Climate change uncertainty

Ewin
James

Thursday, September 21, 2017

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I'm certain that we will hear it ad nauseam that Harvey and Irma, the two recent destructive hurricanes in the United States and the Caribbean, were caused by climate change and that they are incontestable evidence of man ravaging the planet to his own detriment.

Is this so? I doubt it.

It will also be said that these destructive hurricanes are unprecedented, because in the past there was no climate change to cause the likes of them.

Here is why I doubt. For most of man's existence there was no reliable forecasting of the weather-climate over a short period of time, and keeping records of it for us to know how the weather behaved in the past compared to today. The BBC said in its online magazine in April 2015: “There was no such thing as a weather forecast in 1854 when Fitzroy established what would later be called the Met Office. Instead, the Meteorological Department of the Board of Trade was founded as a chart depot intended to reduce sailing times with better wind charts.”

Fitzroy was Admiral Robert Fitzroy of the British Navy. Called the father of meteorology, he used the recently invented telegraph to predict storms that were causing horrendous loss of life at sea. Before that, what passed for weather forecasting was superstition, conjecture and and forklore, not science.

The website, Earth Observatory, of the National Aeronautics and Space Administration, in the US, said recently: “Around 650 BC, the Babylonians tried to predict short-term weather changes based on the appearance of clouds and optical phenomena such as haloes. By 300 BC, Chinese astronomers had developed a calendar that divided the year into 24 festivals, each festival associated with a different type of weather.”

In light of this, all we can say with certainty is that, since climate has been around from man was created, it has been unstable and unpredictable. We can't say that there are more hurricanes and earthquakes now than in the past, and that they are more destructive. Or that forest fires are more frequent and destructive now. And we definitely can't say that the disputed severity of hurricanes now compared to the past is caused by man's behaviour.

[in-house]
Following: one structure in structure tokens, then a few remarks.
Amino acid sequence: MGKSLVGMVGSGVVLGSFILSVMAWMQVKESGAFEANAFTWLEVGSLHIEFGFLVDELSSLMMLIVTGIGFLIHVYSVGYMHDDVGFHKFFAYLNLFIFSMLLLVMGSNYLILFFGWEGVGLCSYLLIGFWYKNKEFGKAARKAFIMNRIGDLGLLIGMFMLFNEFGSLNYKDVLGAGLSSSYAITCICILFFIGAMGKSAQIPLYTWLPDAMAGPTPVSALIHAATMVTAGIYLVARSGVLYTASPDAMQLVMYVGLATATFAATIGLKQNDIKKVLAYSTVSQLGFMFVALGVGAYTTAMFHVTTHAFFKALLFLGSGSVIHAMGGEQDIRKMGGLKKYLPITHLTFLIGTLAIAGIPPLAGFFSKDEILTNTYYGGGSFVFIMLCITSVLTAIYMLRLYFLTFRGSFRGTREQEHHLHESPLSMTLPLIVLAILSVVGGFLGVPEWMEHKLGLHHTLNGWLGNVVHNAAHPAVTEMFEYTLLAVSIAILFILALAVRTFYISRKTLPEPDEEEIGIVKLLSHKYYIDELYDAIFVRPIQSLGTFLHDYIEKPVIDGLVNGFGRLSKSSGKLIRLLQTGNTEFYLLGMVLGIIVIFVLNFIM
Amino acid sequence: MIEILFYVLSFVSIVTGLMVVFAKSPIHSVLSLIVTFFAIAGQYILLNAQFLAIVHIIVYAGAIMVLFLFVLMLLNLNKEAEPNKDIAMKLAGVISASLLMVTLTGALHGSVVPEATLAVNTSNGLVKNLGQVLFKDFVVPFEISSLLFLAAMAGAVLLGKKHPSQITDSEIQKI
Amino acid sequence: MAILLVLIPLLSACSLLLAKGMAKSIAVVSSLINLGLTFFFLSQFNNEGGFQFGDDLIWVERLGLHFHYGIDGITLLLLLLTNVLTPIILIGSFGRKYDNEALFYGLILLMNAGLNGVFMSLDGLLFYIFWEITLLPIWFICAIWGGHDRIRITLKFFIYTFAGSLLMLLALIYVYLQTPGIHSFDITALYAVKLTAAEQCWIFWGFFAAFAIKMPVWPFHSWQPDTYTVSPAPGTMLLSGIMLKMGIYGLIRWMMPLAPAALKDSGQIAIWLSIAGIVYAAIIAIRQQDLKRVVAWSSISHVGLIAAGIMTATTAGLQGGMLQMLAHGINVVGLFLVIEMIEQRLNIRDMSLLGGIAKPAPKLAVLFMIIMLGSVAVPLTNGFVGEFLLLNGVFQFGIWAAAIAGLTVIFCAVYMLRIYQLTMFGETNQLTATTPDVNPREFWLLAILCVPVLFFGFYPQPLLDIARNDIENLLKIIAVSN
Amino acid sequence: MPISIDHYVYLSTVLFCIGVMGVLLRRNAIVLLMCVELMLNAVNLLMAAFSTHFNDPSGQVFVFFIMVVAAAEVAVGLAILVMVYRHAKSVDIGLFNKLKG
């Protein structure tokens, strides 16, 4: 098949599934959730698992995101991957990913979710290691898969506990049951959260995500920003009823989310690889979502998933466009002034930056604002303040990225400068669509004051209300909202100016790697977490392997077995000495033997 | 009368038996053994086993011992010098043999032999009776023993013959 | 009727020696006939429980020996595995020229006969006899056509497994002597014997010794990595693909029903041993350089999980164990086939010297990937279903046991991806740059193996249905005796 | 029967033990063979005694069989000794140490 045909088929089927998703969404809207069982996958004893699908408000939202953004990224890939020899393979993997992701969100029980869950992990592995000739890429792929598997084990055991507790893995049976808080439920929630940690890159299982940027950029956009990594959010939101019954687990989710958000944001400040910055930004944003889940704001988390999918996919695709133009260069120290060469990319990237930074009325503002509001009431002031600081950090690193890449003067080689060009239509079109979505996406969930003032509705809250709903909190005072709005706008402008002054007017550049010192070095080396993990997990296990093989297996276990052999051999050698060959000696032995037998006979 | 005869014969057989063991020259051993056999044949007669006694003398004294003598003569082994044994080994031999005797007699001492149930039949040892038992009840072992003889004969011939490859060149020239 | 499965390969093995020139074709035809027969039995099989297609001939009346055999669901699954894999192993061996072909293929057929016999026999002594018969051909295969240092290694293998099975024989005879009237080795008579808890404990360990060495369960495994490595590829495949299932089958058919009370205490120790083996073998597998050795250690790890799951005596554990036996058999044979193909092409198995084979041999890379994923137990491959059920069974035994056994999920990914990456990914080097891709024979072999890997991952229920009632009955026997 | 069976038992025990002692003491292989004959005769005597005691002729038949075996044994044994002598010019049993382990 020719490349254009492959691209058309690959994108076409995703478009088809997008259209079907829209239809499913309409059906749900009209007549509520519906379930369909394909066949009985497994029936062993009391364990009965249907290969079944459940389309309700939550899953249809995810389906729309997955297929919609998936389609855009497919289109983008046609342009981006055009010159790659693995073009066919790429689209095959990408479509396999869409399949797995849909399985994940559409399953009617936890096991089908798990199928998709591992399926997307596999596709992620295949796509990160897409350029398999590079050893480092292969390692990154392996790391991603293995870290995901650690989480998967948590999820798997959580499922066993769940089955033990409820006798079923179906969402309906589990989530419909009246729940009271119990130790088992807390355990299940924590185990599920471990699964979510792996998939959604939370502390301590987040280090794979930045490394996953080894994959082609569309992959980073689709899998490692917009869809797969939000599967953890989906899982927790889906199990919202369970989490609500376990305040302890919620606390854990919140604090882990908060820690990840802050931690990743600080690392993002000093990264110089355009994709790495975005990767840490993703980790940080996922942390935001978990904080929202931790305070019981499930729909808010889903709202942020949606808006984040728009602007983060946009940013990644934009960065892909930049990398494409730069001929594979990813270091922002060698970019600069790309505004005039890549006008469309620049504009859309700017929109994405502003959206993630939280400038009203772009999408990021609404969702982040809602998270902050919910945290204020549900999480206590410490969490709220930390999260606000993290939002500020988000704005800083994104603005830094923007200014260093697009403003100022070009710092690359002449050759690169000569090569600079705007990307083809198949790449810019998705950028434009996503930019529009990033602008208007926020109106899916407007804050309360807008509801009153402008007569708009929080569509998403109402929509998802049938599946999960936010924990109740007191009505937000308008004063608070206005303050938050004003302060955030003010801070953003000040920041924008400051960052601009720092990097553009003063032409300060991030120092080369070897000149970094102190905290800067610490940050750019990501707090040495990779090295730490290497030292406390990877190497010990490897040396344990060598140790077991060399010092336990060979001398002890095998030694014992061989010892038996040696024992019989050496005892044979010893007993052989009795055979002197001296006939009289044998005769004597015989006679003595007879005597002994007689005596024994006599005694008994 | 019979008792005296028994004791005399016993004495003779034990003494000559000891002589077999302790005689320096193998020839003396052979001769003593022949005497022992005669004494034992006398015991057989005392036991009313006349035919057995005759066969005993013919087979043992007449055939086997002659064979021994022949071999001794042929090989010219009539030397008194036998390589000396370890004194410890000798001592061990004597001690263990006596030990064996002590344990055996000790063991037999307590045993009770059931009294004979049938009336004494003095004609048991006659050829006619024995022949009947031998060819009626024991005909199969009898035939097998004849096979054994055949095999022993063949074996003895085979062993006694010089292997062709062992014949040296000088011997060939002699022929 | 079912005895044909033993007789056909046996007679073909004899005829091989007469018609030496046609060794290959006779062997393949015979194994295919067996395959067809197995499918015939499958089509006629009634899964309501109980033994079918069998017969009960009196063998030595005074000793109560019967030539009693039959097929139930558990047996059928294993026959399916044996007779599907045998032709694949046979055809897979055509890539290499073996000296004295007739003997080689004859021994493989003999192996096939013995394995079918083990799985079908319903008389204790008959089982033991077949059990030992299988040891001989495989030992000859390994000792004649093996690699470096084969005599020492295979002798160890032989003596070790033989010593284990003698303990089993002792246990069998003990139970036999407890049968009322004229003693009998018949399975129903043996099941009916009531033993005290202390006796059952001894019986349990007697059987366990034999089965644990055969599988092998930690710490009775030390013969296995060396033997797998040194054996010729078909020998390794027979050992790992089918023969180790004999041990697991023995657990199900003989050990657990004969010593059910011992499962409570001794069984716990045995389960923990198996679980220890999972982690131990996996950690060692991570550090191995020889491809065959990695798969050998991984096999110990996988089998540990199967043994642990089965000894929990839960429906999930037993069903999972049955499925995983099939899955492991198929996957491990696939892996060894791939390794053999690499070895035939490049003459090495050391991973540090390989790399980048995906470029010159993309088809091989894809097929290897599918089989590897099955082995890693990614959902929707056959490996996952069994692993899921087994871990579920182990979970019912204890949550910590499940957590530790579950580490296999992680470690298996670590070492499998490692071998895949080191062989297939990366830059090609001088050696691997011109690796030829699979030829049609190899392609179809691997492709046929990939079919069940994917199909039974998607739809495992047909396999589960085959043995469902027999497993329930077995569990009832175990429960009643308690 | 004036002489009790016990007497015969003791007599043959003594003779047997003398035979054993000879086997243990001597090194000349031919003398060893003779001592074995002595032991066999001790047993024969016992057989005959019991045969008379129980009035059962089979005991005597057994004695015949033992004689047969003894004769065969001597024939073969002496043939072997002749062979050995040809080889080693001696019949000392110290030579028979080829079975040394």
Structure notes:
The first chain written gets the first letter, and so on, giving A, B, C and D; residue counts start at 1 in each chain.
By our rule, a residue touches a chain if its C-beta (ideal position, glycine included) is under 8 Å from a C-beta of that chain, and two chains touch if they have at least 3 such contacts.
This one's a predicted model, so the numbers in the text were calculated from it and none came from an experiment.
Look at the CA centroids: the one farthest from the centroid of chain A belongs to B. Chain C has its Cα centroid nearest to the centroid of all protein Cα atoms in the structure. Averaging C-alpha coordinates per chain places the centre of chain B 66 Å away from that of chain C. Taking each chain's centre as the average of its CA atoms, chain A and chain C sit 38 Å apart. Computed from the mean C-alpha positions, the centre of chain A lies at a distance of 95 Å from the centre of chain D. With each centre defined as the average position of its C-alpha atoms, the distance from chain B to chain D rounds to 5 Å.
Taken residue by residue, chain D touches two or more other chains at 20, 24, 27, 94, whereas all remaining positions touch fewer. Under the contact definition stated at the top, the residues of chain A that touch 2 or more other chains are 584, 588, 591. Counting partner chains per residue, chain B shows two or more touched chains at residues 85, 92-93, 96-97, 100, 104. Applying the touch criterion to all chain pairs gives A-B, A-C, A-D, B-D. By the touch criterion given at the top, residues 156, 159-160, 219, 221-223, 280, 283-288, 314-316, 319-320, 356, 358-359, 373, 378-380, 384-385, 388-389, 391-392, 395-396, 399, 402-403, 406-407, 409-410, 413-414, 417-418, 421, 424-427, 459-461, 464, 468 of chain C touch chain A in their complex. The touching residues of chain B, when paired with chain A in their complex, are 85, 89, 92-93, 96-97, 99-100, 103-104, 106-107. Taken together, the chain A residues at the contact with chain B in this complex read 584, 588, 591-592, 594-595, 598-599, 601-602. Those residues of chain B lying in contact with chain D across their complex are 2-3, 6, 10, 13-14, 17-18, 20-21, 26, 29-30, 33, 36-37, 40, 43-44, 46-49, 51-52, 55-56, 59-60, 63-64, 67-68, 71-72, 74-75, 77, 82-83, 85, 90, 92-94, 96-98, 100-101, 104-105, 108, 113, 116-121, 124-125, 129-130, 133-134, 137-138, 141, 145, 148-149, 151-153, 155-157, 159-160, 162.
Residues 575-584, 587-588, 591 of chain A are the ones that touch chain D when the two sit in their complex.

Yet people pontificate with magisterial certainty that the activities of man are causing the climate to warm to unprecedented levels leading to destructive hurricanes, earthquakes and fires, and more of them than in the past. And if we don't radically change our way of life, the Earth will soon be uninhabitable. And further, that those who deny this pontification are to be derided and persecuted as denying incontrovertible evidence and they should be ostracised to the lunatic fringe of society.

Am I then saying that there may not be increased instability of the climate now? No. I believe, as I said before, that weather — climate over a short period — by nature is unpredictable and unstable; so possibly now, like in the past, there have been destructive earthquakes, hurricanes and fires. But I remain unconvinced that they are being caused by man, and not by nature; or maybe by what we do not want to hear: the judgement of God, as happened Old Testament.

I'm also not saying that we shouldn't be more careful in how we use the resources of the Earth? No. We should; for God gave us this planet to steward and we have a responsibility to treat it well. Its resources may not be unlimited and, who knows if the Earth continues for long some of them may run out or decrease to the point where they aren't able to meet our needs.

I'm also prepared to accept that we can ruin parts of our environment by our misuse of resources. If you fish certain areas of rivers indiscriminately the fish may just migrate away, causing a decrease of food stocks. Similarly, if you continue to extract coal from mines they will soon be exhausted.

We should behave responsibly, but not like liberals who decry the supposed destruction of the climate and order us to trammel our lifestyle, while they live in palatial mansions requiring tons of oil to heat and fly across the world in private jets which discharge reams of harmful gases into the atmosphere.

O, the hypocrisy of it all.

Ewin James is a minister and freelance journalist. He lives in Longwood, Florida. Send comments to the Observer or eroyjames@aol.com.

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